Take the 2-minute tour ×
Mathematics Stack Exchange is a question and answer site for people studying math at any level and professionals in related fields. It's 100% free, no registration required.

I am reading section 46 of Halmos' Finite Dimensional Vector Spaces. In this section Halmos poses two questions the first of which is:

Question 1: If $x$ is in a finite dimensional vector space $V$, write $x = \sum_i \xi_i x_i = \sum_i \eta_i y_i$, what is the relation between its coordinates $(\xi_1,\xi_2, \ldots \xi_n)$ with respect to the basis $X = (x_1, \ldots, x_n)$ and its coordinates $(\eta_1, \ldots ,\eta_n)$ in the basis $Y = (y_1 \ldots y_n)$?

After a few lines, Halmos defines the linear transformation $A$ by $A(x_i) = y_i$, $i=1,2, \ldots n$. From what I understand, suppose we have a basis vector $x_i$. Then this should correpond to the column vector

$$\left[\begin{array}{c} 0 \\ 0 \\ \vdots \\ 1 \\ \vdots \\ 0 \end{array}\right]$$

in the basis $X$ where the $1$ is in the $i-th$ row of the vector.

Then if the matrix $A = a_{ij}$ is applied to this vector, we should have the $i-th$ column of the matrix. Let the $i-th$ column of the matrix be

$$\left[\begin{array}{c} a_{1i} \\ a_{2i} \\ \vdots \\ a_{ni} \end{array} \right].$$

However note that the $i-th$ column of the matrix is expressed in terms of the basis $X$, because Halmos states that $y_j = Ax_j = \sum_i a_{ij}x_i$. In other words, he has chosen to express each vector in the basis $Y$ as a linear combination of the basis vectors in $X$. Is there a particular reason of doing this? From my limited experience in linear algebra, if say we have a vector in a basis $X$, and we wish to express it in a basis $Y$, the thing to do would be to express $x_1$ as a linear combination of the $y_i's$ in $Y$, $x_2$, and so on. This is the opposite to what Halmos has done.

Is this difference anything significant to be aware of?

$\textbf{Edit : }$ I will write out the relevant bit that I am referring to in Halmos' book:

"Let $V$ be an $n$- dimensional vector space and let $X = (x_1, \ldots x_n)$ and $y=(y_1,\ldots y_n)$ be two bases in $V$. We may ask the following two questions:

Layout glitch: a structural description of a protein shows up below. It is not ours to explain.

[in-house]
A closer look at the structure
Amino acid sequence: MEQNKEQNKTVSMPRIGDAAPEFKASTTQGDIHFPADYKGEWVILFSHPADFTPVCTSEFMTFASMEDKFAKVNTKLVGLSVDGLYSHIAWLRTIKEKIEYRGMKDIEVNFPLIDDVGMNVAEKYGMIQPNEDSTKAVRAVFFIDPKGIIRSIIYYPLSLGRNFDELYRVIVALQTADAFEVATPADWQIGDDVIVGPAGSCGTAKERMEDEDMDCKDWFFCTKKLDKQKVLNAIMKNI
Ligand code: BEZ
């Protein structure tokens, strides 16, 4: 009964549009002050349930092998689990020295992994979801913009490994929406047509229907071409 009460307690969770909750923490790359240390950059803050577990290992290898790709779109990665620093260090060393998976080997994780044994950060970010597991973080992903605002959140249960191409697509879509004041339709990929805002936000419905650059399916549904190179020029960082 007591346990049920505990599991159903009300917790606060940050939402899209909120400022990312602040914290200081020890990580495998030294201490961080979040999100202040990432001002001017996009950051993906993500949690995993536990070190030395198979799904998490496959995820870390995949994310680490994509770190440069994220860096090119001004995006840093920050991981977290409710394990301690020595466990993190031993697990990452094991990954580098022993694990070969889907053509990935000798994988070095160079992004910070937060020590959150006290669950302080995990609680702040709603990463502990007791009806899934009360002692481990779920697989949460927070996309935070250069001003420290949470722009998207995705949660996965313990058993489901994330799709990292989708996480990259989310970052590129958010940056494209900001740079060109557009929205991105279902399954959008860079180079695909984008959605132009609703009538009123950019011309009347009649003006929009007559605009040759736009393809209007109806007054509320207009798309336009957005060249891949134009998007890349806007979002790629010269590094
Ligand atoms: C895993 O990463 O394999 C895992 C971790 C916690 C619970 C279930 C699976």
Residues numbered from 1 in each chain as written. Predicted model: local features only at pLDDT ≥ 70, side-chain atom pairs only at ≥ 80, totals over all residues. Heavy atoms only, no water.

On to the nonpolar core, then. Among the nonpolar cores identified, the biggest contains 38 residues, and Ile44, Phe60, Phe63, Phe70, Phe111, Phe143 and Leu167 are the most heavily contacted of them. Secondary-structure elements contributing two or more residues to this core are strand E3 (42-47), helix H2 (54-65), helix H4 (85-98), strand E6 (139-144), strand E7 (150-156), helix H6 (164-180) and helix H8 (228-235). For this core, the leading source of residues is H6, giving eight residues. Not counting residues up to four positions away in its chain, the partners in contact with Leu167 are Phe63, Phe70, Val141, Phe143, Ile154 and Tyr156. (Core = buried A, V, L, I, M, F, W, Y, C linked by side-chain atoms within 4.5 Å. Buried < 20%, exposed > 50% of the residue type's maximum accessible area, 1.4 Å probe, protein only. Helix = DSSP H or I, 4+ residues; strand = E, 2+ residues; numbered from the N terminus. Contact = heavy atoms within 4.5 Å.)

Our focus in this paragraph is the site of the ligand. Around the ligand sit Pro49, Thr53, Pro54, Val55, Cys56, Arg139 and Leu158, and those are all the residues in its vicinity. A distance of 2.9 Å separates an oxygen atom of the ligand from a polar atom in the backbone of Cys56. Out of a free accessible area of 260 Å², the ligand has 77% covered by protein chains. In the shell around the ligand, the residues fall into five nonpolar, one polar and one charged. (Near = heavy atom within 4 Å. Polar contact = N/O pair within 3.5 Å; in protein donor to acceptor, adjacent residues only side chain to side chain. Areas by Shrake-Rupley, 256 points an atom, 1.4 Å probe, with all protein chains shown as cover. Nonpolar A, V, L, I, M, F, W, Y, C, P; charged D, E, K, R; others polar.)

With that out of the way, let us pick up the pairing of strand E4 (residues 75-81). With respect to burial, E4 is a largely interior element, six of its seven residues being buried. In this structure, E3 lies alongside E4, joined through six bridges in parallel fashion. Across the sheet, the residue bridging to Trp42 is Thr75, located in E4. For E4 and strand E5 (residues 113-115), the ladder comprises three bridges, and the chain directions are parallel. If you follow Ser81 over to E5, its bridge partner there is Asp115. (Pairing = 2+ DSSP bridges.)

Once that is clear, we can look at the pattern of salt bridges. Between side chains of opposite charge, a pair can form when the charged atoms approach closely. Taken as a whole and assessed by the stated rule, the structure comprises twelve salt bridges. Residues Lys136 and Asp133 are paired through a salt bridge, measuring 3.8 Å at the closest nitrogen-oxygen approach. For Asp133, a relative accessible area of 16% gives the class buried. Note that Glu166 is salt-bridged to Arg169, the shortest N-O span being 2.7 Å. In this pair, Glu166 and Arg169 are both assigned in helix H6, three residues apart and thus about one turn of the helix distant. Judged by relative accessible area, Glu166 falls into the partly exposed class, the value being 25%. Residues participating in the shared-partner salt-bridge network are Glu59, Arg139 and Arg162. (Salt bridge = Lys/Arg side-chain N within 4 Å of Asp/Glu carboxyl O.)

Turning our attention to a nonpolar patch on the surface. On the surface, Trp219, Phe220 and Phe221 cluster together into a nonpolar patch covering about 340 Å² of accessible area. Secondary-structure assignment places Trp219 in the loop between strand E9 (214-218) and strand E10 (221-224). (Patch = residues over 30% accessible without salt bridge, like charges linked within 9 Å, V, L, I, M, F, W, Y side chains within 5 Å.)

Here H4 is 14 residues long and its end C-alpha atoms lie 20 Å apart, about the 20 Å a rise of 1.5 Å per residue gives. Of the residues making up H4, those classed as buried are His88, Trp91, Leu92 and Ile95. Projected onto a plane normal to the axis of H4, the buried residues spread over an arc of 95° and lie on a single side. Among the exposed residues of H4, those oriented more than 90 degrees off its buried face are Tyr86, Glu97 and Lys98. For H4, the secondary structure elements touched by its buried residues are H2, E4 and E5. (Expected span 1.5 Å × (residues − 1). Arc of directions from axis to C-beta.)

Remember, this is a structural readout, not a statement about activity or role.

Question 1. If $x$ is in $V$, $x = \sum_i \xi_ix_i = \sum_i\eta_i y_i$, what is the reation between its coordinates $xi_i$ with respect to $X$ and its coordinates $\eta_i$ with respect to $y$?

Question 2. If $(\xi_1, \ldots \xi_n)$ is an ordered set of $n$ scalars, what is the relation between the vectors $x = \sum_i \xi_ix_i$ and $y = \sum_i \xi_i y_i$?

Both these questions are easily answered in the language of linear transformations. We consider, namely the linear transformation $A$ defined by $Ax_i = y_i$. More explicitly:

$A(\sum_i \xi_i x_i) = \sum_i \xi_iy_i.$ "

share|improve this question
    
View your two basis as two isomorphisms $x:K^ n\to V$ and $y:K^ n\to V$. Then you have $x(\xi)=y(\eta)$ iff $\xi=x^ {-1}(y(\eta))$. –  Pierre-Yves Gaillard Aug 15 '11 at 10:53
    
@Pierre-Yves Gaillard Ok thanks. How does my matrix $A$ relate to this? –  user38268 Aug 15 '11 at 11:28
    
To tell the truth, I focused on “Question 1”, and didn’t read carefully enough what you wrote next. Sorry. But do you agree that this answers “Question 1”? I’ll read more seriously the whole of your post, and if I have anything sensible to say about it (which I doubt), I’ll say it. –  Pierre-Yves Gaillard Aug 15 '11 at 11:37
    
Je suis d'accord avec vous. Je suis curieux de savoir si la matrice que j'ai écrire $A$ a une connection avec les isomorphismes que vous avez dit. Par exemple pour écrire la matrice de la transformation linéare donnée par $x$, on forme la matrice dont colonnes sont les images des vecteurs $e_i$ dans $V$. Mais à mes yeus la matrice $A$ est la même matrice comme ce que j'ai dit avant. Je pense que je pourrais avoir tort.... –  user38268 Aug 15 '11 at 12:25
    
Félicitations pour votre excellent français! Où l'avez-vous appris? - Le premier passage que je ne comprends pas dans votre question est: "the matrix $A = a_{ij}$". Vous aviez pourtant défini $A$ comme étant une transormation linéaire. Je vais essayer d'accéder au livre de Halmos et regarder le passage en question. –  Pierre-Yves Gaillard Aug 15 '11 at 12:45
show 4 more comments

1 Answer

up vote 1 down vote accepted

The matrix which expresses basis vectors of one basis $X$ in terms of another basis $Y$ and the matrix which expresses vectors of $Y$ in terms of $X$ are just inverses to each other and which one you call $A$ and which one becomes $A^{-1}$ is a matter of notation or convention - you just have to pick the right one when doing an actual change of coordinates.

share|improve this answer
add comment

Your Answer

 
discard

By posting your answer, you agree to the privacy policy and terms of service.